Thursday, February 17, 2011

Butches Don't Wear Pink (and other fallacies)

A few of you might remember that a couple of months ago, I mentioned a truly fabulous new project by Sinclair Sexsmith. That something, which had been unnamed at that point, but is now called ButchLab, has posted its Symposium's call for submissions #2: Butch Stereotypes, Cliches, and Misconceptions . As with the previous call, I feel compelled to participate.

Butch Women Don't Wear Pink (and other fallacies)

We, as human animals, feel compelled to categorize ourselves. It gives us a sense of community (I'm an X, just like those people over there are.) It gives us a sense of solidarity, and of comfort, to belong to a group. The problem is that as soon as we create criteria which allow us to belong to a group, we create assumptions about that group.

A person can self-define as butch for many reasons, but somewhere in there is the feeling that on this grand spectrum of gender continuity, they find they fit best toward the masculine side of centre. There it is: Masculine, of or pertaining to men. Walk down a supermarket aisle and you'll see cover after cover of women's magazines screaming “All Men LOVE X...If you want to keep your man, don't do X, Y, or Z...etc.”

Society and media tells us day in and day out that if you belong to a group, then you must have all the characteristics associated with that group. Yes, we say, that's racist, or sexist, or ableist...but ya know, it's also true. But, see, here's the deal. It's not. There is NOTHING in any commonly held idea about a particular racial, gender, or ability group that is absolutely true for all members. That's why they call it discrimination, and not scientific categorization. And even the people who agree that sexism, or racism is bad seem to make a glaring exception for categories with which people must choose to self-identify. Well, if they think that all this stuff is true about themselves, then why can't I think it?

The reason you can't think that is simple: you don't know what they're thinking about themselves. My experience with masculinity is different than yours, and therefore the part of my identity that I think of as “masculine” will not completely match yours. Period. For example, when I was growing up, it was my father who did the cooking in the house. All the cooking. To this day, I consider cooking a masculine trait, despite the fact that I'm clearly in the minority for thinking so. This is both a large and rather trivial example, but it will do to stand in for the thousands and thousands of small idiosyncrasies in each of our conceptions of what constitutes “masculine” and “feminine.”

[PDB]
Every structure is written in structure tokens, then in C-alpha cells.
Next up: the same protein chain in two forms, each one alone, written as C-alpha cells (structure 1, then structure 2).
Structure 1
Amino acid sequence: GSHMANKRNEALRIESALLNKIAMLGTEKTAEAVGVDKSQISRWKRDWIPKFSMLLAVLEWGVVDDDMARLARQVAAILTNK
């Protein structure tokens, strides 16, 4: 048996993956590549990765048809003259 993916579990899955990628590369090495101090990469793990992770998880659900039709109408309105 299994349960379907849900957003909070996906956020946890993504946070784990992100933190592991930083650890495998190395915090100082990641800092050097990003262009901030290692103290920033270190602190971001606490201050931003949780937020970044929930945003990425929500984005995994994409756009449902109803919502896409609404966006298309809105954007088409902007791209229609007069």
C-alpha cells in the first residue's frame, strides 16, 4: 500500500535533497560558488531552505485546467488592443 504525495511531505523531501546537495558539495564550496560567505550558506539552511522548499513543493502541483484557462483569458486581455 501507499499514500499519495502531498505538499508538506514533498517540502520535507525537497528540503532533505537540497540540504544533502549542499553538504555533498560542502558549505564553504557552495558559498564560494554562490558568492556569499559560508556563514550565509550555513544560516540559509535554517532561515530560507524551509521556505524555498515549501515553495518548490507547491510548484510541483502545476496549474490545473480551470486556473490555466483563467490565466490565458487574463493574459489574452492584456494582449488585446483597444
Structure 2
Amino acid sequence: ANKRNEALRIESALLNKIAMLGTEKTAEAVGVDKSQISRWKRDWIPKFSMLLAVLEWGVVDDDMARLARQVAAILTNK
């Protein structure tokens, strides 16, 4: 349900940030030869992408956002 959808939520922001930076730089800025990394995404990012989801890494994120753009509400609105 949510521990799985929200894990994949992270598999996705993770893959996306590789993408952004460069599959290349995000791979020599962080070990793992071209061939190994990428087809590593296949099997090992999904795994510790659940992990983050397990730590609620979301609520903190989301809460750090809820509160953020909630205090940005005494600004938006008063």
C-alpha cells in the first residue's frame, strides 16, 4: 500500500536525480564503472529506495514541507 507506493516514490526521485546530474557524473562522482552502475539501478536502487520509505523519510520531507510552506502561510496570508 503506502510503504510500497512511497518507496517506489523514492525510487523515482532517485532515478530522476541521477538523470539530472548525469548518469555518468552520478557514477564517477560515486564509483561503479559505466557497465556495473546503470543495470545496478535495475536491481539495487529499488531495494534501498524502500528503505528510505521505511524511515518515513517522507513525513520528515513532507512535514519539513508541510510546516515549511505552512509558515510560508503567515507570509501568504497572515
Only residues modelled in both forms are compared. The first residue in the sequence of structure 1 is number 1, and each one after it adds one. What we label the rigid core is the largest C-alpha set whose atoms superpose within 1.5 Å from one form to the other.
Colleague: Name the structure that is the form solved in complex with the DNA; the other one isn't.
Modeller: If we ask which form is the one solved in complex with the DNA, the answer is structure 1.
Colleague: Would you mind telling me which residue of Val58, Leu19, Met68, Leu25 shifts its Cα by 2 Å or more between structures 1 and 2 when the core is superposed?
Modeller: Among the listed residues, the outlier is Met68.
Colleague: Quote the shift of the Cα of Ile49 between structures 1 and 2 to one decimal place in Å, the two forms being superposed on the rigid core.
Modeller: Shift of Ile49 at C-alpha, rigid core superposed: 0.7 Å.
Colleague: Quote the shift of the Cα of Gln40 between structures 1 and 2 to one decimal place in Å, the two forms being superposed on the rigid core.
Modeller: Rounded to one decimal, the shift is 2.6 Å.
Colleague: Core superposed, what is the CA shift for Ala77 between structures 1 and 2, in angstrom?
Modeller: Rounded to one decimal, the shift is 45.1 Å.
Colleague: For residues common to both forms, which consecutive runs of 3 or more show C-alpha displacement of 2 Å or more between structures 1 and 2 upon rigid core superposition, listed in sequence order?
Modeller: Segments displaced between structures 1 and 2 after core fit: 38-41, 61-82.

It's actually a fairly simple thing to avoid, too, though it takes a conscious effort. DON'T ASSUME. It's just that easy. Just because K is butch doesn't mean that she will bristle or bite your head off if you open the car door for her. The fact that she doesn't like acts of chivalry directed toward her means that she might just bristle or bite your head off if you open the car door for her. G loves pink. Doesn't mean she isn't butch. That hot pink cowboy shirt she had on yesterday was WAY masculine, and super hawt, too! The only cure to making assumptions about people is not admit to yourself that you don't know what they like ,what they don't like, or how they'll act in a specific situation based on any group that they belong to.(Heck, how else do you explain the existence of log cabin republicans?) You only know these things about them once you get to know them personally, as people, and not as gender identities.


You can read my thoughts on the prompt for Symposium #1 here
And that's not all! Many, many other fabulous responses to the same prompt can be found here!


  1. Love your point about cooking, and how certain things can become masculine or feminine traits based on one's personal life experience, even if it overrides what is commonly understood to be the role in culture. And of course I love pink, and cowboy shirts, and consensual chivalry—great ending paragraph.

  2. "That's why they call it discrimination, and not scientific categorization."

    Love that. So perfectly said. I'm ultra femme, and I hate pink with a passion. :)

  3. Yes. Remembering that we're all individuals with our own likes and dislikes is the key to finding a way to not assume. After all, we all know what assuming does. (;

    Excellent post.

  4. I think your point about individualized/culturalized experiences of gender is so important -- it's part of why I think it's crucial for cisgendered folks to think about the ways that we understand and enact gender. Great post.

  5. My father also did all the cooking growing up, and still does for all the holidays my parents host. And thank goodness--my mother and I can't cook one bit. Thanksgiving would be a reck without him.

    In masculine of center girlfriend does all the cooking in our pairing... I just always considered that part of her masculine of center-ness. I had no clue we were in the minority.

  6. First of all, I'm having some very non-stereotypical feelings about the picture you used to illustrate this post. Butch-on-Butch love is a phenomena that still goes against the grain of butch stereotypes.

    "... it takes a conscious effort. DON'T ASSUME." You say it's easy, and it is, when it's something people choose to do and feel is important. Lots of people don't unfortunately, which is why posts like this one are important.

    I think we should all work toward greater choices and less pre-defined boxes.

    And I like pink too, because it looks good on me, not because I'm _____'fill in the blank with some label'.